Obama, Romney head into final stretch of the election
In the next eight weeks, President Barack Obama and his Republican challenger, Mitt Romney, will be battling for the relatively small number of voters who say they are undecided about the Nov. 6 election. Given that the presidential race is a dead heat, the candidates can be expected to go all out to win over a majority of those undecideds.
In so doing, Obama and Romney, a former governor of Massachusetts, will be expected to show the American people they can rise above the mindless partisan bickering and political sound bites by answering the following important question: What will you do in the next four years to ensure that all citizens of this country have the opportunity to better their lives.
Although the Republicans during their political convention in Tampa last week sought to make this election a referendum on Obama’s first term in office, it is more than that. Romney must fill in the blanks about his vision, blanks that were glaringly evident when he spoke to his party’s faithful.
Even with his signature issues of balancing the budget, slashing the deficit and creating 12 million new jobs, he was short on specifics.
The worst is over
By contrast, President Obama, in accepting his party’s nomination Thursday evening in Charlotte, made it clear that his second term will be a continuation of the first. The foundation has been laid, and the building blocks for the economic recovery from the worst recession the nation has faced since the Great Depression are in place — and are beginning to provide much needed stability.
The president acknowledged that the recovery will not be quick or easy, because the problems confronting the country “have built up for years.”
But just as Romney and his running mate, Wisconsin Congressman Paul Ryan, sought to frame the election in terms of Obama’s failed policies, the president and Vice President Joe Biden made it clear to the American people that the election is about the future.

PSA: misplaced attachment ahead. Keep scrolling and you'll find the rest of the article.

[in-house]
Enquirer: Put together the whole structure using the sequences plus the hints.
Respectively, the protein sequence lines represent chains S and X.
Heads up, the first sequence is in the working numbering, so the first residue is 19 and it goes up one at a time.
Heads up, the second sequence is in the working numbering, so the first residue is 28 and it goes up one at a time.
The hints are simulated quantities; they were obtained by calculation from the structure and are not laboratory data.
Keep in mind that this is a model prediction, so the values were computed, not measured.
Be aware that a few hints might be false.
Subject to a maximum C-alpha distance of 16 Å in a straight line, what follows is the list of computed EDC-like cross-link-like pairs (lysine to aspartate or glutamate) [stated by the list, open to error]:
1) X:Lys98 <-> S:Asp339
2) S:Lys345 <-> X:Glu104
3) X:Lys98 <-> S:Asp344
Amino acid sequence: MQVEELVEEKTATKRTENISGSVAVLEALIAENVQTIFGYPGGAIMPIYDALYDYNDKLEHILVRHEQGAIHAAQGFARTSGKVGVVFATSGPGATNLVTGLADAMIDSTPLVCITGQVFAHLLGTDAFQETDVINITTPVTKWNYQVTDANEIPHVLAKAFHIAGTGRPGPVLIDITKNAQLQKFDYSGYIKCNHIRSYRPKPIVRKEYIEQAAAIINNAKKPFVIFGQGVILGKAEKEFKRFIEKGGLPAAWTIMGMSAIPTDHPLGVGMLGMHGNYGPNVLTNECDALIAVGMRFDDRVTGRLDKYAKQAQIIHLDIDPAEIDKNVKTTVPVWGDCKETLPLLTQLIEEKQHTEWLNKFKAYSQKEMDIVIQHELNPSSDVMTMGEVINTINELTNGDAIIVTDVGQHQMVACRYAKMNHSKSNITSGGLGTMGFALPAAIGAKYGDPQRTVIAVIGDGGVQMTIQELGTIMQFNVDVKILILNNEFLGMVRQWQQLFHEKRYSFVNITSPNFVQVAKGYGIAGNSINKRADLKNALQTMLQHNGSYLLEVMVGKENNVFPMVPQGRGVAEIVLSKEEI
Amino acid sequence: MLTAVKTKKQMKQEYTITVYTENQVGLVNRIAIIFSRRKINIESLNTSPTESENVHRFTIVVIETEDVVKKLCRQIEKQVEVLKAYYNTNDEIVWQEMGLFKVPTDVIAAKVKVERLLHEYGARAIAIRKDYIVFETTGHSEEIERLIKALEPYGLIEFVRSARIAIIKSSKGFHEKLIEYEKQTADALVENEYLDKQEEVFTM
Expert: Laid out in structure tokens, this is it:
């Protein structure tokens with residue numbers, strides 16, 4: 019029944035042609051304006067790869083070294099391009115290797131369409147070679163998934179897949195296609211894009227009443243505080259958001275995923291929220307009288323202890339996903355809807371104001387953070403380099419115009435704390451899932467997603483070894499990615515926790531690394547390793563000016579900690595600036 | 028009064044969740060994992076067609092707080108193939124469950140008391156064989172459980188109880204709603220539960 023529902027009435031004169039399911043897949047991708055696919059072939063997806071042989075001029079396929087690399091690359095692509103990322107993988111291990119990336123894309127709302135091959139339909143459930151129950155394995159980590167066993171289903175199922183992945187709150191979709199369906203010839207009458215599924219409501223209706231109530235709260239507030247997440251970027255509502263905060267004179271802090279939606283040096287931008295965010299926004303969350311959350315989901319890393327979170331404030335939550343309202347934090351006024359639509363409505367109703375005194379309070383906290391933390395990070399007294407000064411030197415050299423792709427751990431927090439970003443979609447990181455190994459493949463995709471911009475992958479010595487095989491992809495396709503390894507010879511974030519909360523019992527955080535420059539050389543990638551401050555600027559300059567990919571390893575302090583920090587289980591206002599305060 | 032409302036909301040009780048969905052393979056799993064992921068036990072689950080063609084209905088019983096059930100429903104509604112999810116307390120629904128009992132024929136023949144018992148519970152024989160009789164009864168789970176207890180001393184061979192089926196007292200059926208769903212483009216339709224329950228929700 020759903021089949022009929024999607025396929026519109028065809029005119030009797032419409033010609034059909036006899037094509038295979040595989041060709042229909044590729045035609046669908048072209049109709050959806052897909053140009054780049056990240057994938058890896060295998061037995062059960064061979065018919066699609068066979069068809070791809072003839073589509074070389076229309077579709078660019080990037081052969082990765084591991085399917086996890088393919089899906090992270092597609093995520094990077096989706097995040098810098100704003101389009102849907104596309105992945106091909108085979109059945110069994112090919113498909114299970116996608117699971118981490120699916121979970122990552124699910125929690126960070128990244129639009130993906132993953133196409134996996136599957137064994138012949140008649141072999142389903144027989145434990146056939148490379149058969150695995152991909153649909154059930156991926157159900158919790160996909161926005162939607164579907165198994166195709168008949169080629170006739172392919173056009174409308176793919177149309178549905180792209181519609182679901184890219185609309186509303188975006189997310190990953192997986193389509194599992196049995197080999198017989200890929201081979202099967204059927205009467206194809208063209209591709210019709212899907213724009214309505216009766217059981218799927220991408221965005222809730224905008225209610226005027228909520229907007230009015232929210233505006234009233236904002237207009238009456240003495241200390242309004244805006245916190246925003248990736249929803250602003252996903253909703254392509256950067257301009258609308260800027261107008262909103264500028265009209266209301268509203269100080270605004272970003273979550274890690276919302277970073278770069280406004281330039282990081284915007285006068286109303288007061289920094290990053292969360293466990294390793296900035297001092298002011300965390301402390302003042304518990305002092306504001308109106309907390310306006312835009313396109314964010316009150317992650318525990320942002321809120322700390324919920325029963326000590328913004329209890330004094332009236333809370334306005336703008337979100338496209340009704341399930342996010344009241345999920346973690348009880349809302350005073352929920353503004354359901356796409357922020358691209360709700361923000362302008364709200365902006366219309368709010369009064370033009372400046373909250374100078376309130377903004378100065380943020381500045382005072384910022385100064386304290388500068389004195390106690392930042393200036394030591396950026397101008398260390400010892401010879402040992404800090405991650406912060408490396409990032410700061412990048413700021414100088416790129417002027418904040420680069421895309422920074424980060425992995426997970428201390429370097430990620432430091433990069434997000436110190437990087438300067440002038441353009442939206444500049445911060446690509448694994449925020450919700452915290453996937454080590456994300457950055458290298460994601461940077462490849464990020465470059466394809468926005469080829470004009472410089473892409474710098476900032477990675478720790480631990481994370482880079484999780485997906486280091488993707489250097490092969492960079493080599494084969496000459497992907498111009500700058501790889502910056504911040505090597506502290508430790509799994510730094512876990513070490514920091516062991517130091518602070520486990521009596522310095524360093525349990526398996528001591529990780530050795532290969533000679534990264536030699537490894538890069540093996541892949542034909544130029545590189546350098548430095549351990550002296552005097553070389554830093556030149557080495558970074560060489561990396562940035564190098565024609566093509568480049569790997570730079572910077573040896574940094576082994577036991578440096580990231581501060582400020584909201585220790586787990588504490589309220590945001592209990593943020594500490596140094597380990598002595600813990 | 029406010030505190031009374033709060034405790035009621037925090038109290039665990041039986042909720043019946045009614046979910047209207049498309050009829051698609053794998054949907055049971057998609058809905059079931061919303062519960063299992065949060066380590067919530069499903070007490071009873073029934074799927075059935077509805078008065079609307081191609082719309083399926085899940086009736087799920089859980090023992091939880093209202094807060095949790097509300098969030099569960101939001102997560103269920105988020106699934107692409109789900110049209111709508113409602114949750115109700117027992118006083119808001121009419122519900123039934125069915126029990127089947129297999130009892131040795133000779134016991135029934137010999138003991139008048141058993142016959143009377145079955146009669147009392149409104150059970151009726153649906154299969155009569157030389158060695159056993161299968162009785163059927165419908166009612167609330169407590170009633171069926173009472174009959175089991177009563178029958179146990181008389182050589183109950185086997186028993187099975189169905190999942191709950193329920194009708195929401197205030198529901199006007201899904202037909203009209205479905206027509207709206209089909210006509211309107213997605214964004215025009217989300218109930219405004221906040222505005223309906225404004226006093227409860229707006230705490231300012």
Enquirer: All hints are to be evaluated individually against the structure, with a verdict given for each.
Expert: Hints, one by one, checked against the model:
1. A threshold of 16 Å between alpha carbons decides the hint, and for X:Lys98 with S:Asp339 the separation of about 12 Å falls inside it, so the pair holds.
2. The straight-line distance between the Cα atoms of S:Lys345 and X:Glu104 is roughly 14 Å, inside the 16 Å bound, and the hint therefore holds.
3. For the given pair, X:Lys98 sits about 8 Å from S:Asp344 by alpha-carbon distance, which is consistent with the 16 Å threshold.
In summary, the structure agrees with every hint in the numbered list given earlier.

“You can choose leadership that’s tested and proven,” Obama told enthusiastic crowd, seeking to distinguish his experience from that of Romney’s.
In detailing the actions taken from the time he took office in January 2009 to halt the economic slide that began in 2008 under Republican President George W. Bush, Obama, like other speakers durinh the three-day convention, paid special attention to the federal bailout of the auto industry.
While Romney is standing firm on his position that General Motors and Chrysler should have been allowed to undergo a managed bankruptcy, the Democrats are celebrating the fact that federal intervention has made the two companies stronger than they have been in many years.
“After a decade of decline, this country created over a half million manufacturing jobs in the last two and a half years,” the president said.
On national security, Obama sought to draw a clear line between him and his GOP challenger.
“Four years ago I promised to end the war in Iraq. We did. I promised to refocus on the terrorists who actually attacked us on 9/11, and we have. We’ve blunted the Taliban’s momentum in Afghanistan and in 2014, our longest war will be over. A new tower rises above the New York skyline, al-Qaida is on the path to defeat and Osama bin Laden is dead,” the president said.
There are clear differences between the Democratic and Republican visions for the nation, and over the next two months, the American people will “face the clearest choice any time in a generation,” as the president put it.
This is too important an election for anyone to sit it out.